People and Professions

The true dynamic of early-1900 New York City is illustrated best by the people who lived, worked and played there. And as far back as 1876, our authentic photo collection shows New Yorkers—immigrants to America arriving through New York Harbor, laborers, professionals, children and street vendors—and a street life like no other.

Horace Ashton, Photographing the Construction of the Queensboro Bridge, 1907

Horace Ashton, Photographing the Construction of the Queensboro Bridge, 1907

In this black and white photograph, taken in 1907, an unknown photographer has captured the intrepid Horace Ashton, sitting on a girder above the East River, capturing the view from his own unique perspective. At this time, Ashton was probably working for the Underwood & Underwood studio.

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Madison Square Park, 1902

Madison Square Park, 1902

New Yorkers love their greenspaces. In this black and white photograph from 1902, we see a mother and her children strolling through Madison Square Park. Fellow New Yorkers occupy the benches, chatting, and reading newspapers. Beyond the cool shade of the trees, looms the newly-constructed Flatiron Building, an urban icon seen from a bucolic setting.

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Sightseeing Bus in front of Flatiron Building, 1910

Sightseeing Bus in front of Flatiron Building, 1910

New York City has always attracted tourists. Here a busload of them prepare to see the sights, and there's no better place to begin than the Flatiron Building, which had only opened a few years before, in 1902. The official name of the Flatiron is the Fuller Building,   which is inscribed on the metal gates below the arch.

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Depression Era Apple Seller at Broadway and W. 32 Street, 1930

Depression Era Apple Seller at Broadway and W. 32 Street, c. 1930

In 1930, the International Apple Shippers Association, overstocked on fruit, came up with short term solution for the unemployed. They sold them apples at a greatly reduced rate on credit. By November, there were 6,000 apple sellers in New York City alone. This remedy only worked while the overstock of fruit lasted, and by the end of 1931 the apple sellers were all gone. Here we see a young woman buying an apple from an unemployed man at Greeley Square. The Sixth Avenue Elevated Station can be see in the background.

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Kids Cool Off in a Sprinkler on the Lower East Side, 1923

Kids Cool Off in a Sprinkler on the Lower East Side, 1923

Some things never change. One of the joys of childhood is running through a sprinkler in summer. For most this probably conjures images of suburban lawns, but as this photo attests city kids did it, too. On a hot summer day in 1923 on the Lower East Side, these kids cooled off by running in the street under a sprinkler hooked up to a fire hydrant.

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Boys Swimming in the East River, c. 1910

Boys Swimming in the East River, c. 1910

How hot would it have to be for you to strip off all your clothes, climb over all the debris along the shore, and go swimming in the East River? Today, it probably never gets that hot. But for these kids, there was no better way to cool off. In a world without air conditioning, there was the fire hydrant, sprinklers in the park, a couple of crowded public pools, and the river.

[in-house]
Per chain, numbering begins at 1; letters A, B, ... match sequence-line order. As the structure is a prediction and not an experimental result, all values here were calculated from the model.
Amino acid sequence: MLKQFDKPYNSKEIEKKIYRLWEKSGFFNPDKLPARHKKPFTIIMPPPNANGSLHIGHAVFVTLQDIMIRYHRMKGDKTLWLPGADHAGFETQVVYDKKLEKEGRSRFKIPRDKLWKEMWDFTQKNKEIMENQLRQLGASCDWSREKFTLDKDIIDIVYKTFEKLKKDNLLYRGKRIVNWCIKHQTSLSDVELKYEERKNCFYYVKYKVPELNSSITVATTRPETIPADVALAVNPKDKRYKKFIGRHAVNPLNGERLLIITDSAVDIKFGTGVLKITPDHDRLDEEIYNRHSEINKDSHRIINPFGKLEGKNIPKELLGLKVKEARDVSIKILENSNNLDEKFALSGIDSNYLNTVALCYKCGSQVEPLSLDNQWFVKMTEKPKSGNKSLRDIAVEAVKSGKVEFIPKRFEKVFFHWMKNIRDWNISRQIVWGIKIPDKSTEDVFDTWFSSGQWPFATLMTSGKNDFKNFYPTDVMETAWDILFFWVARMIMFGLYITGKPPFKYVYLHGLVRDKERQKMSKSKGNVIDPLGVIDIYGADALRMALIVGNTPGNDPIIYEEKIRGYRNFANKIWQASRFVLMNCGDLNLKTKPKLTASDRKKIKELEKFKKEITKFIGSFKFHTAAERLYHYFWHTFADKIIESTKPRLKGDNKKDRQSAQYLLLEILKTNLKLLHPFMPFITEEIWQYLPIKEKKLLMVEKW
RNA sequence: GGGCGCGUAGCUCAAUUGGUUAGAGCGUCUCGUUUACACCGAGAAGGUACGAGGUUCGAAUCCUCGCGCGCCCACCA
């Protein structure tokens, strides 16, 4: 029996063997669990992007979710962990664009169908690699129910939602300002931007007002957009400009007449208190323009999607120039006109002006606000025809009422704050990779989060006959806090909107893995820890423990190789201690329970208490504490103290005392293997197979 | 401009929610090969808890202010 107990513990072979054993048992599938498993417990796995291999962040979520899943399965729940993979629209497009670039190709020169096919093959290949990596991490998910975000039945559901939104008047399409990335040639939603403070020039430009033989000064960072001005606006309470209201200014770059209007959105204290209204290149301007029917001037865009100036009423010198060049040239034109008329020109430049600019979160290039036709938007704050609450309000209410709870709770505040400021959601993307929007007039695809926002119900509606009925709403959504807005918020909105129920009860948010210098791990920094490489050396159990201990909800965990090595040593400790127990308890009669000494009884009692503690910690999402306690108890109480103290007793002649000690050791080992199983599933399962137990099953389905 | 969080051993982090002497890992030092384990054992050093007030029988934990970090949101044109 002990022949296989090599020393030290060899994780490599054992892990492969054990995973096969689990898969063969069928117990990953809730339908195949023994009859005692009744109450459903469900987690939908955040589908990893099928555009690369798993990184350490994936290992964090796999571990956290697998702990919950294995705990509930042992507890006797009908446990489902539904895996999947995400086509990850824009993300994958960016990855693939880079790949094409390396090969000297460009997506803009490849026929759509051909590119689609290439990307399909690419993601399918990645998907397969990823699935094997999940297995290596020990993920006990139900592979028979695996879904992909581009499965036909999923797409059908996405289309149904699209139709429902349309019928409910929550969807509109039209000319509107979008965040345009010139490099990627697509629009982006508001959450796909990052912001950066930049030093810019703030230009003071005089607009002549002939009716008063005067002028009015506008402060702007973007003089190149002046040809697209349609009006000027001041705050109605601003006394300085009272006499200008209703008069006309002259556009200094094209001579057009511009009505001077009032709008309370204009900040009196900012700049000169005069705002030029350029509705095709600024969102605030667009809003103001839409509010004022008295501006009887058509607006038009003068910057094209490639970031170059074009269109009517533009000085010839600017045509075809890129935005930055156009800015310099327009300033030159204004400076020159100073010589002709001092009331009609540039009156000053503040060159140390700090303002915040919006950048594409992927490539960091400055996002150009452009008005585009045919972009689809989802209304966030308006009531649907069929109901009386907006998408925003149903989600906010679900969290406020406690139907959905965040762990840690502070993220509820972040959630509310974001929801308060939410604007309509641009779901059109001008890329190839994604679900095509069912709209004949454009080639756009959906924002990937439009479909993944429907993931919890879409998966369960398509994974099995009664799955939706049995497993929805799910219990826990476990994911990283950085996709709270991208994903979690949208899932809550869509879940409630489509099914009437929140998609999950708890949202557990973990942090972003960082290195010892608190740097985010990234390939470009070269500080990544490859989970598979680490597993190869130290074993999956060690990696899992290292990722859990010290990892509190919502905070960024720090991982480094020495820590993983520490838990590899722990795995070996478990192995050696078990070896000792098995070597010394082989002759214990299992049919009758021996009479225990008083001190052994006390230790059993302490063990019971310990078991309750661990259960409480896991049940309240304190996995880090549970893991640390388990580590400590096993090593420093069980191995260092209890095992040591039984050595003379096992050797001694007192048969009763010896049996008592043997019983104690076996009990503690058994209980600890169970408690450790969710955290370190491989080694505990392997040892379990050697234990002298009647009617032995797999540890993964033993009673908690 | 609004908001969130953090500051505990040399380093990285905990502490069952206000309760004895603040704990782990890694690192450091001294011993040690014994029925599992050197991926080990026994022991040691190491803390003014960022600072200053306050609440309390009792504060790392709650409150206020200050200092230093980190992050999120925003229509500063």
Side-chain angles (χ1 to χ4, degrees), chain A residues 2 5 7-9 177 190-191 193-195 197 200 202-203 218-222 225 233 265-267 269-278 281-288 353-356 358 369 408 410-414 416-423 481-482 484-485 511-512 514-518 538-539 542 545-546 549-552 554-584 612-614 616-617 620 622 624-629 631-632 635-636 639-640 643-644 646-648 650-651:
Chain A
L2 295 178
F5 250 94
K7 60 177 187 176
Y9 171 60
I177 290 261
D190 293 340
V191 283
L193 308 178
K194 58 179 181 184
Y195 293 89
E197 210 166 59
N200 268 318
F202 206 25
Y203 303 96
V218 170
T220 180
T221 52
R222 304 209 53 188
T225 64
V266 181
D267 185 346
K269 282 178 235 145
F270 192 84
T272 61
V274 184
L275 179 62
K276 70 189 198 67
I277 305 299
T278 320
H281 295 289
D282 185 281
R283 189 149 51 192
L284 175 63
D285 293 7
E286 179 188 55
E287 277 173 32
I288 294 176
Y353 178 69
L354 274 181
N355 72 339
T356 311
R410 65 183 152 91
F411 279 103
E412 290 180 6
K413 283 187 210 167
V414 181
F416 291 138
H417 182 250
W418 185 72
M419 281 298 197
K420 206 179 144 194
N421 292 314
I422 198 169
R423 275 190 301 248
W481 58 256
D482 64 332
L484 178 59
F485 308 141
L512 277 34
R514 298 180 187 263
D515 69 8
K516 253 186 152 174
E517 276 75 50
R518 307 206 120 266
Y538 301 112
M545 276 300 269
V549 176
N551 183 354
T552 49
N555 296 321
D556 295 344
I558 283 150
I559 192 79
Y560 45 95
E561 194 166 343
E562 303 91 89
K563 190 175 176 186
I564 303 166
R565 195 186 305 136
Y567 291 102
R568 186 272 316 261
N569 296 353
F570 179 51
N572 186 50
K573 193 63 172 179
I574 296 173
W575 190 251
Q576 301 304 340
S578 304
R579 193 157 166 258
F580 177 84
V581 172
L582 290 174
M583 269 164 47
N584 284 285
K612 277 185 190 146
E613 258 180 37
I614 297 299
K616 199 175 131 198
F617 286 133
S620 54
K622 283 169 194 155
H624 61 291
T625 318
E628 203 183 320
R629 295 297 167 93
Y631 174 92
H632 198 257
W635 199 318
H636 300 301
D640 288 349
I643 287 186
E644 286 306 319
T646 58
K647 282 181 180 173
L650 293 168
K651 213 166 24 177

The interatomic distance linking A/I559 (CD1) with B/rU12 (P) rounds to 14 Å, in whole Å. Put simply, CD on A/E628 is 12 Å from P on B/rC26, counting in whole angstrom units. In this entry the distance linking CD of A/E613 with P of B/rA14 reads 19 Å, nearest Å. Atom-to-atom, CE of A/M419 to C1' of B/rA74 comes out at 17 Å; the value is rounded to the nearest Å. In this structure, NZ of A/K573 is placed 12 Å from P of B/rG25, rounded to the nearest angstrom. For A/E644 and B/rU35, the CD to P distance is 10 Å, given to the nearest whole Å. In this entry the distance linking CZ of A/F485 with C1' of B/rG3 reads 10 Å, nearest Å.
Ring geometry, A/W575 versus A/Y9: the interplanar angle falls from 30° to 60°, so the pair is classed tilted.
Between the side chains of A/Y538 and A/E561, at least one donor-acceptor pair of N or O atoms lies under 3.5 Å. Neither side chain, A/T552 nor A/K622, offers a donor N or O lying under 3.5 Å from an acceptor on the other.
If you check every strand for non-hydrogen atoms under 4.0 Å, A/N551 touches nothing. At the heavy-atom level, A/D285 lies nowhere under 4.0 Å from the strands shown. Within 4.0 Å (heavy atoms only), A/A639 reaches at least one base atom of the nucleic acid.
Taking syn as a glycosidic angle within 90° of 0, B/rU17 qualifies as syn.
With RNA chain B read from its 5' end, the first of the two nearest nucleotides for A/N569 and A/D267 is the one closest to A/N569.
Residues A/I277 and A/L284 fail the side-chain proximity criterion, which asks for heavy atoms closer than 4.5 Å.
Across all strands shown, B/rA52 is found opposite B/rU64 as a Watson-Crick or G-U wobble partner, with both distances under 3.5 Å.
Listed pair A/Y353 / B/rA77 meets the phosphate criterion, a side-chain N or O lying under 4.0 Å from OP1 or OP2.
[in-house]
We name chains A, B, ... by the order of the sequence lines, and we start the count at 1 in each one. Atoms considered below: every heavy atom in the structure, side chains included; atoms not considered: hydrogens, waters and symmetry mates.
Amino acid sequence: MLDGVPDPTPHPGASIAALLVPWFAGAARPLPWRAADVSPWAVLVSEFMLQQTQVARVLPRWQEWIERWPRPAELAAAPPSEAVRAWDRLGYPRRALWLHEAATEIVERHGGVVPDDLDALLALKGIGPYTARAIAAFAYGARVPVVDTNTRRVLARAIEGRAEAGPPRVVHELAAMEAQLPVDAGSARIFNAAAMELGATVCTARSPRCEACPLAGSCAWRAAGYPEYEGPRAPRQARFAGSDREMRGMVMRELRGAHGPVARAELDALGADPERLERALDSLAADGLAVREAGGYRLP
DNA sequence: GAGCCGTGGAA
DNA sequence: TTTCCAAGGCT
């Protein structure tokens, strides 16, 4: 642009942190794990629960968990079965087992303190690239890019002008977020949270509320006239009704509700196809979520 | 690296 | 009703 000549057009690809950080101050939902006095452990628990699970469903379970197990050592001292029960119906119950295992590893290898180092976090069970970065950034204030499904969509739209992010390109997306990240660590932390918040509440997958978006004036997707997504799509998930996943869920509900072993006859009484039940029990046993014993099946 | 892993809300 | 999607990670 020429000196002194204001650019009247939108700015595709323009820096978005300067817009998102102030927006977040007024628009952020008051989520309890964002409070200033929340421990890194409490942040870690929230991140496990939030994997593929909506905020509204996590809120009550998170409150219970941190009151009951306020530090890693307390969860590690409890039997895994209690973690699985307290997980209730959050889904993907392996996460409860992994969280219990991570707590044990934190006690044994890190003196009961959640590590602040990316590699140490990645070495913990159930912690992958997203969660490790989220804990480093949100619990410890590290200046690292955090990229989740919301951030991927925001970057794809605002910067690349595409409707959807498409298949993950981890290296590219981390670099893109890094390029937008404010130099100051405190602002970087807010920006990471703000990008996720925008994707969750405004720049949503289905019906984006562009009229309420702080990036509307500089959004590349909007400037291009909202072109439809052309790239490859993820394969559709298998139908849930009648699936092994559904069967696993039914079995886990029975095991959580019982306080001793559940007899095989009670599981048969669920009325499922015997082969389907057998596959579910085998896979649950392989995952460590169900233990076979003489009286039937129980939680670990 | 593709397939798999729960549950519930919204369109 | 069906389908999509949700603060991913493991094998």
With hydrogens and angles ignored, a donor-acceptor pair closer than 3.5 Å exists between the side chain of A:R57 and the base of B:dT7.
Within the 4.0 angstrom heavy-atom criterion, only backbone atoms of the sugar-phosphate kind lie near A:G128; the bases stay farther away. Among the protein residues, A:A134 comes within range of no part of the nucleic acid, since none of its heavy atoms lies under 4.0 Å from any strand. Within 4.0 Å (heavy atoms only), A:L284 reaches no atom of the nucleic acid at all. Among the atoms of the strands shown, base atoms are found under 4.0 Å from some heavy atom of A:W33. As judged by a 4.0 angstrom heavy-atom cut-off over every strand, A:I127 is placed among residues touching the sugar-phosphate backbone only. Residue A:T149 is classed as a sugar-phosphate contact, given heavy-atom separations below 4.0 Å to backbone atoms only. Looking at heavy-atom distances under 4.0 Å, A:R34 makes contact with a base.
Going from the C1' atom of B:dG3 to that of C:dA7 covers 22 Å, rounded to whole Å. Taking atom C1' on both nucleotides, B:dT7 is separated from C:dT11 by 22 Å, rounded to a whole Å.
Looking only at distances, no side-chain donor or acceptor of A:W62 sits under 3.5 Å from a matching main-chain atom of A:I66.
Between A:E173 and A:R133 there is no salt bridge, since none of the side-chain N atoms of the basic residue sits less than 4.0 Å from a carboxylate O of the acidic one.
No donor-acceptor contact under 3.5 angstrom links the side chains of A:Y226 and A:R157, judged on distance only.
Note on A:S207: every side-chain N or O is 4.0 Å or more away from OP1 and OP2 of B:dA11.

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West Side Cowboy, circa 1930

West Side Cowboy, circa 1930

The West Side Cowboy was a common sight on Tenth Avenue for over 80 years. By law, a man on horseback, waving a red flag, had to precede each train that ran down the avenue. Still, so many accidents occurred that Tenth Avenue became known as Death Avenue. In 1929, the city, the state, and the New York Central Railroad agreed on the West Side Improvement Project, which resulted in the creation of the High Line and the elimination of the street level tracks and the flagman on horseback. Here we see the flagman on Tenth Avenue and West 28th Street, alongside Chelsea Park.

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Oktoberfest circa 1947 on East 86th Street

Oktoberfest circa 1947 on East 86th Street

Germantown doesn't exist anymore. Even Yorkville is an unfamiliar term to present-day Upper East Siders. But until as recently as the 1990s, East 86th Street hosted many German restaurants, butcher shops, and pastry shops, and at the time of this photograph in the late 1940s, East 86th Street was known as the German Broadway. Nowadays, Oktoberfest is an excuse for Yuppies to go on a pub crawl and puke in the street, but as this photo attests, the finer elements of the tradition have been lost.

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Thompson and Houston Streets, 1929

Thompson and Houston Streets, 1929

Smile for the camera, boys!  Geez, New York was a tough town in 1929, at least if these guys are any indication. We don't know who these men were, posing for a picture on the corner of Thompson and Houston, but it looks like the only time they'd ever been in front of a camera was for a mug shot. Even the two guys with coke-bottle thick glasses look like they'd teach that photographer a lesson if they could see him.

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Bicycle Parade in Central Park, 1895

Bicycle Parade in Central Park, 1895

Central Park and Bicycles have a long history together, coming into existence in roughly the same era. In this late Nineteenth Century photograph, you see an early bicycle club, composed mostly of young men, pedalling their way along the unpaved roads of Central Park.

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